News / 23.03.2010

Finnish journalists toil overtime without pay.

One is already familiar with the work pace in a local newspaper: the same journalist writes, takes photos and designs the paper.

“One doesn’t have to think of what to do next, rather it is more to decide what task to tackle next in order to reduce the pile”, says Heikki Syrjälä a journalist with 20 experience behind him, and now chief shop steward representing 40 journalists in 16 local newspapers here.

“A senior journalist wondered whether he had become slower since he is unable to get all work done within the working day. It turned out that he was continuously doing the work of two journalists and more work piled up as soon one was completed”.

Similar complaints were voiced by chief shop stewards who participated in a survey of overtime work conducted by Journalisti magazine in January this year.

“The employer says the story should be ready in 15 minutes even though a story worth publishing can only be done in two hours. One should be not shouting over time in order that no problem would arise. They have to be taken on the quite so that no one realizes it. In practice it doesn’t succeed”.

“Work has to be done with the staff resources available. There has been downsizing of staff and part of the work is outsourced. Someone is in charge so that work is done as properly as it used be and as the work increases there is no time to do it”.

Journalists working overtime have cause to be concerned because according to a Finnish research, long working days weaken performance of the intellect. Survey conducted in Britain using 2000 people over several years has revealed that in intensive vocabulary and decision-making tests, those who have had lot of overtime work have performed poorly compared with others who have not.

“Each additional hour weakened the results”, says researcher Marianna Virtanen of the Finnish Institute of Occupational Health.

Being too busy as such is not risky: if a busy day ends approximately on schedule, a worker can sufficiently recover.

Concerned over overtime, chief shop steward took a tour of media houses in several Finnish cities in three days.

“We sat down with many chief editors and cleared all issues at once so that no one would stick out as an individual journalist”, says Syrjälä.

Only a couple of press houses performed well. In others journalists did an enormous amount of overtime without receiving any money or holiday compensation.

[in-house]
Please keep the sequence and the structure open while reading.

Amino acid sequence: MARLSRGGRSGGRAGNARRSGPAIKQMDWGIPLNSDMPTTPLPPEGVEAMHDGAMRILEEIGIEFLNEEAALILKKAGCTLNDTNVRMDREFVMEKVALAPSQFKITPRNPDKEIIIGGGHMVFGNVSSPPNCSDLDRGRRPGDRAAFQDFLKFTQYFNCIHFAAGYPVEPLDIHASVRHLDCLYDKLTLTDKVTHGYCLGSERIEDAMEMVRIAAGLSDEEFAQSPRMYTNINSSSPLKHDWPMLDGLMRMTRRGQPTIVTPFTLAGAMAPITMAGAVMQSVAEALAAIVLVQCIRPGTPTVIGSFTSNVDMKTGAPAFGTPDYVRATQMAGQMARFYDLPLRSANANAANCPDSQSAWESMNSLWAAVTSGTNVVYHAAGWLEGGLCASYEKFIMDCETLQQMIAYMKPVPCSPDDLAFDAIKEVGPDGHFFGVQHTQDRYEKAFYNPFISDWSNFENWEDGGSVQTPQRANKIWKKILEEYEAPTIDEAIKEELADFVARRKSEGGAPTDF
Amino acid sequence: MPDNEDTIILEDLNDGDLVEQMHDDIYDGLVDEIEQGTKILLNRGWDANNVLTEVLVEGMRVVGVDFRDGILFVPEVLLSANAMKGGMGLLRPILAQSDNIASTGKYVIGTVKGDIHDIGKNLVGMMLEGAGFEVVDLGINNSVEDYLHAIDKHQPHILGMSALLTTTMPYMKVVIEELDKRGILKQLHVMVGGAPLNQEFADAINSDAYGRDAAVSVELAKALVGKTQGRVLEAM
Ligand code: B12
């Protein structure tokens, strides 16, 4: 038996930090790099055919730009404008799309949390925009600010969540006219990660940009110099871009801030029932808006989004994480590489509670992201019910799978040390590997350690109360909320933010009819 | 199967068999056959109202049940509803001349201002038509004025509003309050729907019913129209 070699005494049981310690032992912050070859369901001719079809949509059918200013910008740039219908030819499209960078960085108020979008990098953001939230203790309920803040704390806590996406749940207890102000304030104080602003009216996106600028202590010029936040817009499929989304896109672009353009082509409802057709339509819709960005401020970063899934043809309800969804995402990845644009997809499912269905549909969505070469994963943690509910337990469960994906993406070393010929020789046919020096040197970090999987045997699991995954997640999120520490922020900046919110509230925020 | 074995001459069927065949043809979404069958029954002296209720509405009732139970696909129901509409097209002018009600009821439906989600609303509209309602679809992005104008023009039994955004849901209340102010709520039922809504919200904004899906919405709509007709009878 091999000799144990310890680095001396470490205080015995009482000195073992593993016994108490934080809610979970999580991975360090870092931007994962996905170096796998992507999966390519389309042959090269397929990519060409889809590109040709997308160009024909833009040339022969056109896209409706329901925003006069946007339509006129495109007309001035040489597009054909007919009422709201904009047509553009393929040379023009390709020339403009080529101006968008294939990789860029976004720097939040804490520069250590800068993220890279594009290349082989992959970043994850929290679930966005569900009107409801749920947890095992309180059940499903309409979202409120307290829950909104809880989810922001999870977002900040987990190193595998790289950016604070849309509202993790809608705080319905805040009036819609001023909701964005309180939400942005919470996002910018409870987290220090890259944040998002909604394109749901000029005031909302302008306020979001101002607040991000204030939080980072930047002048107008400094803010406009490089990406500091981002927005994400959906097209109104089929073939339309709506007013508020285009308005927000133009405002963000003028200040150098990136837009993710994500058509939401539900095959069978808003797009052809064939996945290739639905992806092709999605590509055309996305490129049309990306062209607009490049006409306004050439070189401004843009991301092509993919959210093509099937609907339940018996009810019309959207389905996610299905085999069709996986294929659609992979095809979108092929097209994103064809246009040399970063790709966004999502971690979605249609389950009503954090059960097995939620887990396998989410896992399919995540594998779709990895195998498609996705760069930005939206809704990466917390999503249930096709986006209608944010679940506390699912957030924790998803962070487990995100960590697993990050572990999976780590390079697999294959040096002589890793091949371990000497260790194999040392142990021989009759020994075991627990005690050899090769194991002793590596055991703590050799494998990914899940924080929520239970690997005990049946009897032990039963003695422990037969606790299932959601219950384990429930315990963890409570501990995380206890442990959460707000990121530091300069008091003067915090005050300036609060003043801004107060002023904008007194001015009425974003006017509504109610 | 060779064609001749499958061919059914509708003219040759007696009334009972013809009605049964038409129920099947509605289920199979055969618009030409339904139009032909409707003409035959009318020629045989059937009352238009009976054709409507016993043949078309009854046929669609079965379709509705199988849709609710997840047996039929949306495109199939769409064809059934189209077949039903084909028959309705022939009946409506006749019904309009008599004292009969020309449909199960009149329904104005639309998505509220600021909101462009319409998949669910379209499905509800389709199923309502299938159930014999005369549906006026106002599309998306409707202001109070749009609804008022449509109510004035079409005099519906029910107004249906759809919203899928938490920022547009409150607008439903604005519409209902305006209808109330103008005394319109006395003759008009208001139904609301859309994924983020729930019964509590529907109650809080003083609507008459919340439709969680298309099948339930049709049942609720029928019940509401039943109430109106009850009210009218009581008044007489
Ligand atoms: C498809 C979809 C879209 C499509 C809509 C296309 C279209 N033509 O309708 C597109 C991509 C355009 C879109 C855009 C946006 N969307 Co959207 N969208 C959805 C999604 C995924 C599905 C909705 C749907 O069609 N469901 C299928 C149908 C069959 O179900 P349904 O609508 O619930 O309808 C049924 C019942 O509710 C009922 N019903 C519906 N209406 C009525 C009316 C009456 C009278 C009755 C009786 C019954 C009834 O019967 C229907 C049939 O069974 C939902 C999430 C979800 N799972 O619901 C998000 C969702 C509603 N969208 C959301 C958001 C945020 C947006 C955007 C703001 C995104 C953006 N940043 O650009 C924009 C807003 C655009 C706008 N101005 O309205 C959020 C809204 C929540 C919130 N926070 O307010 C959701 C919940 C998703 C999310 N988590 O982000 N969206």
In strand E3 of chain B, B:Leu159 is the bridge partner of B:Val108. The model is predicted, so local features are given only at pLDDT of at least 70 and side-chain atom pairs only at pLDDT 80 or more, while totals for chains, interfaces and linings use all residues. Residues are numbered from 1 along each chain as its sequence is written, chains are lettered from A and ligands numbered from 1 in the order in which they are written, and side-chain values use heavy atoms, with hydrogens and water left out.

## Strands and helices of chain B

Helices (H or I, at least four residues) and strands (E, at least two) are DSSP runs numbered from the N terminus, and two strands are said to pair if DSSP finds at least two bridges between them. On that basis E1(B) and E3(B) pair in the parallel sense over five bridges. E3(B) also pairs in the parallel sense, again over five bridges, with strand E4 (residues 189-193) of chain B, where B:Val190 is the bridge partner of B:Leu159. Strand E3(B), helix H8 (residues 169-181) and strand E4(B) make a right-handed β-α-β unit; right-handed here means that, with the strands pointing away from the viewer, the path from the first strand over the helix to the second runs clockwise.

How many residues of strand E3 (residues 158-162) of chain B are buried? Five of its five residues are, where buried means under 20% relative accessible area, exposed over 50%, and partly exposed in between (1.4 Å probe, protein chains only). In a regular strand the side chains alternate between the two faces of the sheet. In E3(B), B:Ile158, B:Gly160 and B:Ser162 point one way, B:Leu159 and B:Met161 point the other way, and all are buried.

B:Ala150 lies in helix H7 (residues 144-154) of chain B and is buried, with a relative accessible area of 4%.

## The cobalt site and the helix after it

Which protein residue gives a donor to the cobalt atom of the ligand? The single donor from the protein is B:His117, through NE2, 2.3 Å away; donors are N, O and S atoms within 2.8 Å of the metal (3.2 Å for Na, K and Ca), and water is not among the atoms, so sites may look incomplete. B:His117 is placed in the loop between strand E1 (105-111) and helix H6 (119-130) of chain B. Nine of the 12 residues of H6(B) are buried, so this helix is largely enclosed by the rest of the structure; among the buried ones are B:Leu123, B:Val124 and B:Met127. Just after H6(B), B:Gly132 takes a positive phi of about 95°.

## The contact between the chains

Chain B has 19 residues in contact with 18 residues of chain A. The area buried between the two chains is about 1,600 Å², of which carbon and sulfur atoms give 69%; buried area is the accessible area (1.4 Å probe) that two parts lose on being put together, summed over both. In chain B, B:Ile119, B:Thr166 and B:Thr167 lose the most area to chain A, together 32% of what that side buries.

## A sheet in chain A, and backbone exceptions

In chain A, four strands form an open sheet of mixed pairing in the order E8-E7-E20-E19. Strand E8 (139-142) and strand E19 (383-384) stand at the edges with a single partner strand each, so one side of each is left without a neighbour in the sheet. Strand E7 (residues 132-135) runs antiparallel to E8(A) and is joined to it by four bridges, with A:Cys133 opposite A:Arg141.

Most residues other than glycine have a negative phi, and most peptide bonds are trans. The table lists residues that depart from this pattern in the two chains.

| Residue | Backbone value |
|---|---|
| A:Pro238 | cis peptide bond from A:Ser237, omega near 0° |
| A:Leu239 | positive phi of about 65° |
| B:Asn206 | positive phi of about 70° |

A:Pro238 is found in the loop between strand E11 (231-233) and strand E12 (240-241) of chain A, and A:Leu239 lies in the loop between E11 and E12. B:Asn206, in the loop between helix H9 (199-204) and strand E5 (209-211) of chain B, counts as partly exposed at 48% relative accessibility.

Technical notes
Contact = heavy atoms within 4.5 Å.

The employer got the message. Over half of journalists in ten newspapers received overtime payment retroactively, a few of them even three years back pay. The biggest compensations were equivalent to several months’ salary.

After that overtime roasters appeared on the walls of the offices.

A survey conducted by Journalisti newspaper revealed that more unpaid overtime is done in those newspapers which have cut back on staff. Many chief shop stewards give accounts of the contradictory situations: work has to be done but it is unpaid.

“There is hidden unperformed overtime all the time which mustn’t be done and yet nevertheless is being done, or has to be done. Everything cannot be accomplished within the working day. The spiral is continuous”.

According to Syjrjälä, busy people are not able to fight for their cause, and to him, it is the biggest sin of journalists because no one is compelled to work overtime.

“The chief editor does not oblige anyone to remain and work overtime rather, it has become established through practice while using little staff resources to assemble material when producing a newspaper”.

“If the employer is not prepared to pay for quality, why do we still do it? This contradiction to me, is the biggest problem in the sector. Who wants to produce a poor newspaper? However, to the publisher it appears sufficient that we produce a marketable product by providing extra sweat for free”.

Translation and editing by Linus Atarah

Original story by Katri Porttinen

See orginal story in Journalisti 3/2010:

See also

All news

Reporters Without Borders and UJF: safeguard journalists and reporting in Gaza

The war in Gaza has brought untold suffering and destruction to civilians over the past nine months. Gaza has become a media black hole. The true extent of the humanitarian catastrophe and human suffering cannot be understood without active reporting by journalists. It is therefore essential to ensure that journalists can work as freely and […]

UJF Council: cuts to public broadcaster a threat to Finnish security

The media need support, not cuts. Yet some parties are calling for a weakening of the conditions for journalistic work. The impoverishment of the media field threatens Finland’s overall security and democracy.

UJF Council: top concerns of delegates include workplace harassment and pay equity

Delegates wanted to know what the union intended to do to prevent the continuation of abuse and harassment in the workplace. They expressed the hope that the union would promote a positive working culture in the media sector.